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To Be TRIGGERED At Holiday Functions

Tis' the Season 


By Amanda Salazar

The weather is cooling down, the days are getting shorter and the holiday season is getting closer and closer. While the holidays can bring people a lot of cheer through spending time with loved ones and gift-giving, it can also bring a lot of stress. 
   With obligatory family dinners, work parties, and gift exchanges, plus travel and overstimulating décor, the autumn and winter holidays can leave people feeling overwhelmed, anxious, and less than cheerful. 
  “The holidays bring a lot of expectations,” clinical psychologist Dr. Jeffrey Gardere told Preferred Health Magazine in an interview. “Having to be at events, even if people are going through some sort of a situation where they may not be prepared for all of these social events, or perhaps they feel that they’re invited to too many events and are trying to please everyone, which is impossible to do.” 
  The weight of these perceived expectations can be felt even more strongly by people who are already dealing with stress or social anxiety or who are grieving a loss. People struggling with mental health, body image, or substance use issues may also feel more pressure during the holidays due to expectations around eating and drinking at family and social gatherings. 
Happy to help us stave off those triggers, Dr. Gardere shared some tips to deal with the stressors of the holiday season: 
1. Pick and choose which events you go to. You may be invited to many get-togethers during the season, but you’re not obligated to attend them all. Go to the few you value the most and send your regrets to others.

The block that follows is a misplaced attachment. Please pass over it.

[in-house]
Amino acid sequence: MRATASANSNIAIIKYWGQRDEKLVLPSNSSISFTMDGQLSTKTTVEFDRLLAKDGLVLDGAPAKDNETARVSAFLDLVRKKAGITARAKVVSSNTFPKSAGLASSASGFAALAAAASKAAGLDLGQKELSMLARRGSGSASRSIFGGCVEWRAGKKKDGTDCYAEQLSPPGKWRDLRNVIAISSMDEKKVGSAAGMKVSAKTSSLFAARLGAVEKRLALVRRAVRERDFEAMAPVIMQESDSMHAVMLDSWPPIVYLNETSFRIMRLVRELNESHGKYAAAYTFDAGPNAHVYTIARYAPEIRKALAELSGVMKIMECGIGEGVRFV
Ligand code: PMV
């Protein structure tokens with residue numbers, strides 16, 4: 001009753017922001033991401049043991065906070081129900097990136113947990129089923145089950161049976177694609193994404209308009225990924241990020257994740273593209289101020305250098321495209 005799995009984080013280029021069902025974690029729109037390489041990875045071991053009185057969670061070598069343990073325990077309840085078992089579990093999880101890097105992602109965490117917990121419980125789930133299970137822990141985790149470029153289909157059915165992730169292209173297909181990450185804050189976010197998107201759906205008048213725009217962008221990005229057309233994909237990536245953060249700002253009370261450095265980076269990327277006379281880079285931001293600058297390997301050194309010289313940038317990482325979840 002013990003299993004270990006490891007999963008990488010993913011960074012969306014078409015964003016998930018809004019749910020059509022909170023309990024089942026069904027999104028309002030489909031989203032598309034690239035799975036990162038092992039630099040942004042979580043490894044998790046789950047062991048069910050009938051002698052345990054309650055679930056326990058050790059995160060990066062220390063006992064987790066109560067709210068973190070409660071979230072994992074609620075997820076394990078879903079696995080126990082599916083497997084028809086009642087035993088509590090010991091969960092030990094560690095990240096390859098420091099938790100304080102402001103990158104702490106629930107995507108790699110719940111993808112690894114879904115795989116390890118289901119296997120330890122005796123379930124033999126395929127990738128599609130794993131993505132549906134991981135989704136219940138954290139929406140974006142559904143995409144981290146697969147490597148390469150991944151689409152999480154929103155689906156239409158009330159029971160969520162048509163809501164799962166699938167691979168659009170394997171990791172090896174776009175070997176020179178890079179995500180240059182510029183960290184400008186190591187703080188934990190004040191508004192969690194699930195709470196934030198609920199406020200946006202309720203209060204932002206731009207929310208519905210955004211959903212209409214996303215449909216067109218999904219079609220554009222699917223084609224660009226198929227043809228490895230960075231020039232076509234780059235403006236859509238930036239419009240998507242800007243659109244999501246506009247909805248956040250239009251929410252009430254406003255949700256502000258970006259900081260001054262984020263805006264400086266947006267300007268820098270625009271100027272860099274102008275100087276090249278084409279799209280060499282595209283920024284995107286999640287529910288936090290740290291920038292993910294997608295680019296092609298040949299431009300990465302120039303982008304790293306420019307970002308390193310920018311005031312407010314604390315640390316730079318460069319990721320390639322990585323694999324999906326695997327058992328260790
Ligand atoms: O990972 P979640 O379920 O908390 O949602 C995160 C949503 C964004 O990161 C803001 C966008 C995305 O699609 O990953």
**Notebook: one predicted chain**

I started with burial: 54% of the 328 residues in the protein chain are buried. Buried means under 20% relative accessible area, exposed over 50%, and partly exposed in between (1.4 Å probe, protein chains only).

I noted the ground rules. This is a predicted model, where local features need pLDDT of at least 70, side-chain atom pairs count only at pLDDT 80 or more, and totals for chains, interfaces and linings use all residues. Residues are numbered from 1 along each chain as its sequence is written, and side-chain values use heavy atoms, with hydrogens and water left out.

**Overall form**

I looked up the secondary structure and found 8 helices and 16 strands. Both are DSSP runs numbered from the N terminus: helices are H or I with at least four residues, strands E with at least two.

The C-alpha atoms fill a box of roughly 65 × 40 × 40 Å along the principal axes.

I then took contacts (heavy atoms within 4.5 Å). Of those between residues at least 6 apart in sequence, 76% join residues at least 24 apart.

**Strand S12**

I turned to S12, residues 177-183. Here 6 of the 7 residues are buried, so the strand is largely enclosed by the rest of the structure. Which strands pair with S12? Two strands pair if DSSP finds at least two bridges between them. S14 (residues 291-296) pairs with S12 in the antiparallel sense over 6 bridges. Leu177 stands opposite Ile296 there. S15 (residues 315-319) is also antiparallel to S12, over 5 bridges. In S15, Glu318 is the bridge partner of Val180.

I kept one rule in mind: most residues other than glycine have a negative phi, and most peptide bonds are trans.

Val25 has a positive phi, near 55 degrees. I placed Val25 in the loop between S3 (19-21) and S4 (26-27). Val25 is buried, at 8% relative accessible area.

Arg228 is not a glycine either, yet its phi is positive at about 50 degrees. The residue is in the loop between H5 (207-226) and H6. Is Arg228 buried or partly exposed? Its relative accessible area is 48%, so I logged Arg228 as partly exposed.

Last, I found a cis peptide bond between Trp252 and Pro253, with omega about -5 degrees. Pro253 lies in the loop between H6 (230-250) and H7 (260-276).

2. Make sure everyone pulls their weight. If you’re hosting an event, delegate the work by making it a potluck and assigning people cleanup and setup roles. 
3. Set rules of respect. If your family often gets into heated debates over politics or other topics, it can be beneficial to set ground rules about listening to each other and communicating in a non-aggressive way. 
4. You don’t have to spend a ton to give a good gift. The best gifts are thoughtful and often homemade, like photo albums. For kids, you can give a group gift that they can use together, instead of getting a present for each child. The goal is to give a meaningful gift, not an expensive one. 
5. Take care of yourself. Make time for rest — which can be more than just a full night’s sleep.
If you already see a therapist or take medication for mental health, be sure to continue attending appointments and following medication regimens. 
“It’s been a very tough time for everyone coming out of COVID and the divisive politics,” Dr. Gardere said. “Maybe this is a time for people to come together and find their commonalities within families or communities, volunteer to help one another, be much more hopeful, and do our best to bring joy and cheer, because we need it now more than ever.” 

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